The seventh pair, Revolution and Renewed, includes two studies in comparative cultural anthropology that take as their objects of investigation mature civilizations. Revolution, in its first four chapters establishes four settings: America Today, Ancient China, Revolutionary France and France Today. Progressively these are combined, two each in the next four chapters, three each in the final four. Renewed studies three loci of Egyptian history: Alexandria, the Nile and Cairo. The Hellenistic revival, the Roman appropriation of ancient Egypt and the rise of Islam provide its themes. Revolution is political but it also embeds Confucian, Taoist and Buddhist, along with Democratic, doctrine. Renewed is contemporary in its observation but comparative in its study of past and present. Revolution is a Menippean satire that includes many genres: diary, conte orientale, postmodern novel. Renewed elaborates its material into a new genre.
The eighth pair, Each and Happening, as befits epic, is concerned with history, but otherwise the two books are antithetical. Whereas the latter is a modern epic of India, the former bears a zany relationship to history. Happening interlards its primary text with early historical accounts of India. Each, though it includes transposed versions of World Wars I and II (along with other European history), is based in the main on an avant-garde text of Raymond Roussel’s: the Nouvelles impressions d’Afrique, a poem concerned neither with Africa nor with his earlier novel, Impressions d’Afrique. MM relies not on its text, which he refrained from reading, but on illustrations for the text commissioned by Roussel to fill out the pages of a private edition. Happening provides a realistic counterpart to this imaginative strategy, tracking in great detail the itineraries of the author and his supplementary reading in search Indian reality.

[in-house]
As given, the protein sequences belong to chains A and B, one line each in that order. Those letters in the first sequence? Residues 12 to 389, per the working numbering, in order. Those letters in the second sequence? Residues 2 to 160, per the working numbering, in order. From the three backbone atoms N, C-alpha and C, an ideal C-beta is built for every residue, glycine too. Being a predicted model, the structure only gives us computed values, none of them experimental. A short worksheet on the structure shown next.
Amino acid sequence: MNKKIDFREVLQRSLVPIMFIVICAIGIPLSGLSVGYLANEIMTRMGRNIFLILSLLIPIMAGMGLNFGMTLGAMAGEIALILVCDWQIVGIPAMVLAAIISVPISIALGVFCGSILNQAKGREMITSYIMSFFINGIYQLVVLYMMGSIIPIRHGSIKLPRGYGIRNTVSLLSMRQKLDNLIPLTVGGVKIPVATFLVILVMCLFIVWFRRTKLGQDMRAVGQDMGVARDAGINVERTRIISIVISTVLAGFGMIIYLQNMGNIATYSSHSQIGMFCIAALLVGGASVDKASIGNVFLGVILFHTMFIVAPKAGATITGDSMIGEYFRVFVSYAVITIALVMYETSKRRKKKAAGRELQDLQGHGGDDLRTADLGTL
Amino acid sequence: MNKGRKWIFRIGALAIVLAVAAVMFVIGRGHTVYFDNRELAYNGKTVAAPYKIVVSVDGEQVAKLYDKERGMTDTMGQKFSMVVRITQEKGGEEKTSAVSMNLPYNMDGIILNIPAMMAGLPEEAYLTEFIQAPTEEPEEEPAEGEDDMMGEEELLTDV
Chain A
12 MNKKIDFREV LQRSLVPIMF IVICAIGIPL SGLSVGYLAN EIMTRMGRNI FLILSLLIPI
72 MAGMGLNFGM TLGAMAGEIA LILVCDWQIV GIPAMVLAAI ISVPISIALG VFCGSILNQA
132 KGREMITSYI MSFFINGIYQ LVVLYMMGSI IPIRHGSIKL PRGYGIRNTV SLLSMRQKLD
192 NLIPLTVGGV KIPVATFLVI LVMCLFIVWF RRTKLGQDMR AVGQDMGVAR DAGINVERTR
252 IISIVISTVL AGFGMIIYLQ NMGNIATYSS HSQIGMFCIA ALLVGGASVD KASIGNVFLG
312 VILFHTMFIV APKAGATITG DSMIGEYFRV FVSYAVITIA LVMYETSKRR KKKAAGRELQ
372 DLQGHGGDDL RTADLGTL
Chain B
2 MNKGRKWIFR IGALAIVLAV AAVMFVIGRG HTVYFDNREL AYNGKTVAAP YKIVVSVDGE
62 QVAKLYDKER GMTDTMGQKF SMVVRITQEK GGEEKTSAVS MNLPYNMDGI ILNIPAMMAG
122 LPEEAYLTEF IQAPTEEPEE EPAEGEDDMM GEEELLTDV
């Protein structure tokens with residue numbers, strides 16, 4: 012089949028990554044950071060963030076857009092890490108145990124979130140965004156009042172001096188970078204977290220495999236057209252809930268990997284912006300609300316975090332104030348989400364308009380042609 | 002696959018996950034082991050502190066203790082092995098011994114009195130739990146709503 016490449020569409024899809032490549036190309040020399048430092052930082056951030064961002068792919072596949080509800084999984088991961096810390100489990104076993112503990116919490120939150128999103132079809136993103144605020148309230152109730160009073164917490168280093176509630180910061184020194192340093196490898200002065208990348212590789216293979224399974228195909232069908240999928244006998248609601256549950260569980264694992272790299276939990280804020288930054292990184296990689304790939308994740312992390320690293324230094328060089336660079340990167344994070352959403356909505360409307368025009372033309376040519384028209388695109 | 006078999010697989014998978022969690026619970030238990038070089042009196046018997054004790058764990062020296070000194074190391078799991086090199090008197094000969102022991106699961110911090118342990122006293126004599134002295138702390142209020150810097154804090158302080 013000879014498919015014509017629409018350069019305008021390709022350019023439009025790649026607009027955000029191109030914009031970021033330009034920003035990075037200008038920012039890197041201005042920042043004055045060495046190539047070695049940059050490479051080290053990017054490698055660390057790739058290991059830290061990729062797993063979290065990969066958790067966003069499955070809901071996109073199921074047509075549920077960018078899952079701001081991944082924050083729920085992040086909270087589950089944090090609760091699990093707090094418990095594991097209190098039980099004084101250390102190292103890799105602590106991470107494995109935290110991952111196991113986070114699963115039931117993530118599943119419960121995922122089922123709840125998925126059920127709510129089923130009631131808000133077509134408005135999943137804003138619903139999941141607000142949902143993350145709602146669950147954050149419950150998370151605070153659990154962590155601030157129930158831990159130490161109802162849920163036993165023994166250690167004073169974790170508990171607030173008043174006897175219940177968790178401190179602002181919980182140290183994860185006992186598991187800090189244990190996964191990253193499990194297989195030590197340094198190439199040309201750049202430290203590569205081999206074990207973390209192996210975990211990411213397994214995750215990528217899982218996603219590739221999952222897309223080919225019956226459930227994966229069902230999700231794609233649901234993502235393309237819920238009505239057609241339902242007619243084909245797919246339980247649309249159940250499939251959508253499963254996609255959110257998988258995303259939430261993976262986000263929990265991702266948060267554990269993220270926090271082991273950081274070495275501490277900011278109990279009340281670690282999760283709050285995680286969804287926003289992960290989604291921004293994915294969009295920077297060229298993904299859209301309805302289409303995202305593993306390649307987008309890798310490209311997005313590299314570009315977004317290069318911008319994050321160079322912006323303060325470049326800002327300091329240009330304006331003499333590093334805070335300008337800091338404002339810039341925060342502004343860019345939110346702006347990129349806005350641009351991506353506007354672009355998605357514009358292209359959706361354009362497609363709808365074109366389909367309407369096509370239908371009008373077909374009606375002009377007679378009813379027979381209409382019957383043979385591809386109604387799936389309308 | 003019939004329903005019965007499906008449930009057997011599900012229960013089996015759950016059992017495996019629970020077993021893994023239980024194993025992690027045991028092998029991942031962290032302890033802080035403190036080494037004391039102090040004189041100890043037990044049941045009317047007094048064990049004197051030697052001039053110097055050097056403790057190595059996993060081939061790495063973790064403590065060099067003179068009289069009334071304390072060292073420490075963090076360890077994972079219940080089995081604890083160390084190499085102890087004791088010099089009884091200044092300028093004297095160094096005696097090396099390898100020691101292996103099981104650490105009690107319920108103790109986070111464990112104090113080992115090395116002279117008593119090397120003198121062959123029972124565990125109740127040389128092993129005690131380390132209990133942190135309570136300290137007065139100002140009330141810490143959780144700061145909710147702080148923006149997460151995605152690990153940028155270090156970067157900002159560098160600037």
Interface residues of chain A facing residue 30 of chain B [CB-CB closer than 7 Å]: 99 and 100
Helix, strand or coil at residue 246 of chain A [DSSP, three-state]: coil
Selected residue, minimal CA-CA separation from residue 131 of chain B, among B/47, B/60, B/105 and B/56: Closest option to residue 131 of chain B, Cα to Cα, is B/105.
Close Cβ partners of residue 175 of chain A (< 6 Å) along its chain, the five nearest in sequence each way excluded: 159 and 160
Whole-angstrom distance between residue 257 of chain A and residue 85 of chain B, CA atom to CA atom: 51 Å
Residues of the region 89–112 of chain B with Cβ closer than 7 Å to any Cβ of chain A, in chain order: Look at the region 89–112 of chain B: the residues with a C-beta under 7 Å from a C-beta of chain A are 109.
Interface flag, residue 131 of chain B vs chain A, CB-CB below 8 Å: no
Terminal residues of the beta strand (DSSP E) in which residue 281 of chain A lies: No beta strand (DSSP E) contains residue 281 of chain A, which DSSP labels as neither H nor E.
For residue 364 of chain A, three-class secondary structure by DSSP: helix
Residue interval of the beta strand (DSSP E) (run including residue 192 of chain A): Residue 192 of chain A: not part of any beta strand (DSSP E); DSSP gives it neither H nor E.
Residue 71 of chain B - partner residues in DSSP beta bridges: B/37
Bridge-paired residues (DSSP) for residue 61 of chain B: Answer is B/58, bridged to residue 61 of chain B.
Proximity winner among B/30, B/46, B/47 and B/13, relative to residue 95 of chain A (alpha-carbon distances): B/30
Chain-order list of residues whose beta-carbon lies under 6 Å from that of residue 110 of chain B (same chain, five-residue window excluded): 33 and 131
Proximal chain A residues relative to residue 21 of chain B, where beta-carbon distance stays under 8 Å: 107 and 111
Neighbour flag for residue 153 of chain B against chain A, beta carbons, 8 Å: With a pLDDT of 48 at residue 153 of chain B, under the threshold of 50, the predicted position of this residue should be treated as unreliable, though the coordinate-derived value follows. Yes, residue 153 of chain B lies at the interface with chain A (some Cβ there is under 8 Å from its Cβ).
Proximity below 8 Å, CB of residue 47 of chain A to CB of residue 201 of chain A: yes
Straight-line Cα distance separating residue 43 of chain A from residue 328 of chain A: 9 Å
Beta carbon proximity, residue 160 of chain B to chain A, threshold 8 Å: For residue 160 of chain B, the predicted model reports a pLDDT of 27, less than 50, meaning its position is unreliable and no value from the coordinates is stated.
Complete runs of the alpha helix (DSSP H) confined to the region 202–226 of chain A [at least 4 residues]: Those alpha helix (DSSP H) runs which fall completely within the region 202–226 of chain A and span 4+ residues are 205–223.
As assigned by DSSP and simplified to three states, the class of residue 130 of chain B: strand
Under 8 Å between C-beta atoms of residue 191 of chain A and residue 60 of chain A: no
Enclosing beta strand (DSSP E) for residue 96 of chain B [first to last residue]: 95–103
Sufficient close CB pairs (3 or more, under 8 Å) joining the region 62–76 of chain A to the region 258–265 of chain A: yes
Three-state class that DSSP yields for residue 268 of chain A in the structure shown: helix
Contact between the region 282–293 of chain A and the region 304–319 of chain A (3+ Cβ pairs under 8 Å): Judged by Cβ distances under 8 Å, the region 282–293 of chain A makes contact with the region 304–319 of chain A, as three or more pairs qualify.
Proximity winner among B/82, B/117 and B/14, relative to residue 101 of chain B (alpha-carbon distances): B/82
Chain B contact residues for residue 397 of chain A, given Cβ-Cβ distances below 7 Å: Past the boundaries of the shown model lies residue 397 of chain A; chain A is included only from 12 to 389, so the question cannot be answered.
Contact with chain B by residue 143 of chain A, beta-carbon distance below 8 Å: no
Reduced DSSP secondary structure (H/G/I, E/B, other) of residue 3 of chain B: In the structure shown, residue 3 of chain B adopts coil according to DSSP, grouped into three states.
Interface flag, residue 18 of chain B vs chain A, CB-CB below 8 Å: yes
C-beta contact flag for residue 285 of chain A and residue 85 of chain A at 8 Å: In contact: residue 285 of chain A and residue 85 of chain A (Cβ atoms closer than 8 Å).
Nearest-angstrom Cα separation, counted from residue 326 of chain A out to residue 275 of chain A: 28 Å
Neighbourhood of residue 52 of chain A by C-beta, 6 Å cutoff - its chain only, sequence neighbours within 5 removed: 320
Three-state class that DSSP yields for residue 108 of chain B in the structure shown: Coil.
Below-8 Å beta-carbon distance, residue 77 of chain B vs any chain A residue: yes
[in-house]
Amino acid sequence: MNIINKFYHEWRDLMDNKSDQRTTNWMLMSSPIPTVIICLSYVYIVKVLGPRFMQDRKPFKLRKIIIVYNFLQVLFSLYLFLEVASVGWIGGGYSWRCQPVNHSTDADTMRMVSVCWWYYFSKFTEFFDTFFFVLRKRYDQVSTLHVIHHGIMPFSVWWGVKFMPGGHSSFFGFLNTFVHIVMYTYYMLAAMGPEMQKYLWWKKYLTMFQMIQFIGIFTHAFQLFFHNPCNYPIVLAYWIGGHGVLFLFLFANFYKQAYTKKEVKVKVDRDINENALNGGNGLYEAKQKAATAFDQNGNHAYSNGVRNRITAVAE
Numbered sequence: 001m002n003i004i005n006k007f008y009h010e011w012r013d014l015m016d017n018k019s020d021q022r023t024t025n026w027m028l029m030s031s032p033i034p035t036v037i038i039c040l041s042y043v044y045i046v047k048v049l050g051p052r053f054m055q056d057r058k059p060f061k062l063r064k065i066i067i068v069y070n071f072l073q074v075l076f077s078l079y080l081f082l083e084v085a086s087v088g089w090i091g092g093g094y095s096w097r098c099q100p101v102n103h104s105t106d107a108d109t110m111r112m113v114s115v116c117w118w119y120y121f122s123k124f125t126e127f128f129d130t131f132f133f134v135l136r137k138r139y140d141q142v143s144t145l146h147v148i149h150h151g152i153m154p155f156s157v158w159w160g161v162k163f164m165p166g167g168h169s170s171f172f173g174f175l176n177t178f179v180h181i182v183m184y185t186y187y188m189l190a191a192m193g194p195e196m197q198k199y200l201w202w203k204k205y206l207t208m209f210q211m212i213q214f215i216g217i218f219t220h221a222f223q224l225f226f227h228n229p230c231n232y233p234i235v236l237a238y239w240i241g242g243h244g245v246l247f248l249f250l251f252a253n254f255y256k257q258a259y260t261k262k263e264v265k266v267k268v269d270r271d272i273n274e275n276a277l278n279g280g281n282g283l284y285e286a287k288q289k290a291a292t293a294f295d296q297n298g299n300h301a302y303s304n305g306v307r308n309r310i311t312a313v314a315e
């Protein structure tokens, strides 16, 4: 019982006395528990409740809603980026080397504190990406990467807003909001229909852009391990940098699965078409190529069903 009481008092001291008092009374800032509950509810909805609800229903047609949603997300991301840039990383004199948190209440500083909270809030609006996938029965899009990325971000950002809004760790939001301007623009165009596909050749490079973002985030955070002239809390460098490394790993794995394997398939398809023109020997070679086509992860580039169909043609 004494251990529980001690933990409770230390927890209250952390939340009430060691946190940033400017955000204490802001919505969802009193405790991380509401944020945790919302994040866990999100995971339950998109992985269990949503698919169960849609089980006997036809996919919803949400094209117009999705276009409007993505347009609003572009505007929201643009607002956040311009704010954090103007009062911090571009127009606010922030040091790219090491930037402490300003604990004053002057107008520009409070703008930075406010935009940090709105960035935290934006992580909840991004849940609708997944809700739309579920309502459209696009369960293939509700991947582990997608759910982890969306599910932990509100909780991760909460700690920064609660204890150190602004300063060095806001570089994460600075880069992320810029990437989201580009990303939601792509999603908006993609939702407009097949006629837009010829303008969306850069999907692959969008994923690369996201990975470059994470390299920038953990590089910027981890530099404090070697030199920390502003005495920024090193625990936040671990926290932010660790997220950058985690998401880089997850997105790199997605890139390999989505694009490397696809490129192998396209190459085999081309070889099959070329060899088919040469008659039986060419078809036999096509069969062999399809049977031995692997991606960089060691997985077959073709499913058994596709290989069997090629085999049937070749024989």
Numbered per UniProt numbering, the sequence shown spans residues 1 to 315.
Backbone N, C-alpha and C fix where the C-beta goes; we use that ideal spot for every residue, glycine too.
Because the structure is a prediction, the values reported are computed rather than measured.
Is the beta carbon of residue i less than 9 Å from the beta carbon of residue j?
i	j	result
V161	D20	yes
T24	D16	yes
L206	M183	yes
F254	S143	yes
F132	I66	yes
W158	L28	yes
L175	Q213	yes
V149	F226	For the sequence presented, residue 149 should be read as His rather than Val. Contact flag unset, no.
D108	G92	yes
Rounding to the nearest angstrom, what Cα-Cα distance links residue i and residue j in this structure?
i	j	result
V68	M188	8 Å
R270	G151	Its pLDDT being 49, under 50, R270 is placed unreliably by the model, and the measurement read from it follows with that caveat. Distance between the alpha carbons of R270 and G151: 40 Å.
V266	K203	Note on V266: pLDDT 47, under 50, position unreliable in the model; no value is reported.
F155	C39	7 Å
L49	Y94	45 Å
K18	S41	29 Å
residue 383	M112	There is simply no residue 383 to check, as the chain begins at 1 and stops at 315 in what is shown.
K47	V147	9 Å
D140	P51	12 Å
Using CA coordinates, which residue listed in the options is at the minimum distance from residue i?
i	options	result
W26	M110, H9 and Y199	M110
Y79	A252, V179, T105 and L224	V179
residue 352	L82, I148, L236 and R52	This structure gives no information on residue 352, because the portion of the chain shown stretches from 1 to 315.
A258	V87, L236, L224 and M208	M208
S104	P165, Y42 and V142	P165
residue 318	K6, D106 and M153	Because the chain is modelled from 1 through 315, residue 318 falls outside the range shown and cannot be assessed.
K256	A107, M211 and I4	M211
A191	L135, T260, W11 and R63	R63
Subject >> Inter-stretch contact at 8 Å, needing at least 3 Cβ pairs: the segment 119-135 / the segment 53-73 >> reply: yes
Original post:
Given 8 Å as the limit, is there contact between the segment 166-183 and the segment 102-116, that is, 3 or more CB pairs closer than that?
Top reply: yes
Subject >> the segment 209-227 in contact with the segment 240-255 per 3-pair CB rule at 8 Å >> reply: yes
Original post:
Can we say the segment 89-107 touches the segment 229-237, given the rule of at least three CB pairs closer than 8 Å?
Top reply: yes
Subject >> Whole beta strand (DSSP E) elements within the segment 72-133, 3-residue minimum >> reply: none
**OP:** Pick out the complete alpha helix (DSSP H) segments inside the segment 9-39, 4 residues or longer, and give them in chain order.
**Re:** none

The ninth pair, Second and Possibly, is concerned, in the one instance, with the past, in the other, with the future. Second imitates Homer’s epics (and, in a coda, the person of Vergil), Possibly imitates the person of Cervantes, who is the hypertext of Possibly, as Dante is of Divine and Ovid, of Renewed. To the hypertext of Homer Second adds the intertexts of Iliad and Odyssey, the subtext of Vergil, Homer’s greatest imitator, and the pretext of Milton, who serves as a bridge between Homer’s epics and the Bible, the subject of Every, the other book in the diptych. Every Second traces a route from Israel to Turkey, through the Aegean islands to the Peliponnisos and thence on to Naples. Possibly traces a transatlantic route from Miami to the Amazon, thence to four other South American countries, and on to Spain and Portugal. Possibly is concerned with the fictive and the possible; Second, with how to follow great precedents.